Bearing It All: Highlander’s Beloved, Book 3 by Vonnie Davis
Releasing October 27, 2015
A Scottish hunter and a French secret agent find themselves on a collision course with danger—and irresistible desire—in Vonnie Davis’s new bear-shifting Highlander novel, perfect for fans of Jennifer Ashley and Shelly Laurenston.
In the pine-dense mountains of the Scottish Highlands, shape-shifter Ronan Matheson is running free when a desperate woman parachutes out of the sky, directly onto his furry, powerful chest. Instead of clawing her to death, Ronan’s inner bear longs to keep her safe. Once he’s back in human form, Ronan is amused by the mysterious beauty’s fearless attitude—and tempted by her expertly toned physique. But what could she possibly be doing in this isolated stretch of the Highlands?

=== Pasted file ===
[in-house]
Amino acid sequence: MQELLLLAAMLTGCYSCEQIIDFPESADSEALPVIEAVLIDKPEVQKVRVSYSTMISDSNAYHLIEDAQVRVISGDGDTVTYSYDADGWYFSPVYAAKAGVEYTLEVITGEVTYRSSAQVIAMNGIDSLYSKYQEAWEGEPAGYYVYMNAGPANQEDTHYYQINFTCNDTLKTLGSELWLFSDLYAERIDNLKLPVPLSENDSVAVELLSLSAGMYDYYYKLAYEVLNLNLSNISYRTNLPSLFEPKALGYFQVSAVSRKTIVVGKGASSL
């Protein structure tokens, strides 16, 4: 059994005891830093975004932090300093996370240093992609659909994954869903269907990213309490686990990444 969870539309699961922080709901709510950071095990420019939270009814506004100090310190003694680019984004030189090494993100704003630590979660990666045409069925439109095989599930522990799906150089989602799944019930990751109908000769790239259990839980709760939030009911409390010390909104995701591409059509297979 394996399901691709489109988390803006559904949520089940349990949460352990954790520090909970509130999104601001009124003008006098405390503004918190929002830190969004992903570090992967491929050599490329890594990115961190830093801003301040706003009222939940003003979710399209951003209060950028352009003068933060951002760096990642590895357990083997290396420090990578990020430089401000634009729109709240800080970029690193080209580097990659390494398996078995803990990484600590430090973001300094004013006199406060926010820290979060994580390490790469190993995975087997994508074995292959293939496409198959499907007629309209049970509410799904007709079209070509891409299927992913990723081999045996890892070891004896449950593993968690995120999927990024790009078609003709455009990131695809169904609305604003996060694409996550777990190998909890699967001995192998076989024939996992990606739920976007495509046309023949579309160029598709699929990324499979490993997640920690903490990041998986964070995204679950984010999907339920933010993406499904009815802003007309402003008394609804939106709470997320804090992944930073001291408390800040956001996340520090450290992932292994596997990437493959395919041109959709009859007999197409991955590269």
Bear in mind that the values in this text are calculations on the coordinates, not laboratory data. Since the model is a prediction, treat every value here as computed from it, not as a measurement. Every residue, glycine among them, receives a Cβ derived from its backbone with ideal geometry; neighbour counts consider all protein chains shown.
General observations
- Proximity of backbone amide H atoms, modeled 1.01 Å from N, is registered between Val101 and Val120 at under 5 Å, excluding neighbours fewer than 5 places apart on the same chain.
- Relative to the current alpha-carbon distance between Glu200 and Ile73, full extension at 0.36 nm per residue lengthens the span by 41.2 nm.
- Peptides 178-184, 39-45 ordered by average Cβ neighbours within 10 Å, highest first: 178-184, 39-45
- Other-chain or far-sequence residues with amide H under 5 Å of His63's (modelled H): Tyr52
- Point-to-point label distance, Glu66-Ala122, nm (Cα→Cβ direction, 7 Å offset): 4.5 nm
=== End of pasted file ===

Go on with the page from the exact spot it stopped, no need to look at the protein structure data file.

French intelligence agent Anisa Brosseau never imagined she’d be on the CIA’s bad side—until she’s framed for treason and forced to flee in a stolen drone. Hiding out in a remote cabin, Anisa just needs some time to clear her name. What she doesn’t need is a brooding, muscle-bound Scot in a skimpy kilt to drive her crazy with lust. But when Anisa’s enemies come knocking on his door, Ronan calls on a secret weapon to protect his turf and the bonny lass he’s come to love.
Kilt wearing, bear shifting Scotsmen add to that a Wiccan or three and you have a quirky fun romance. I’ve enjoyed the ongoing story of the Matheson clan because you just never know where Ms. Davis is going to bring you. Yes some things seem a little improbable but it was enjoyable enough not to matter. This book made me smile a lot and even laugh out loud a few times while still managing some tender moments that made my eyes mist. All in all a fun easy read that makes me eager for the next installment.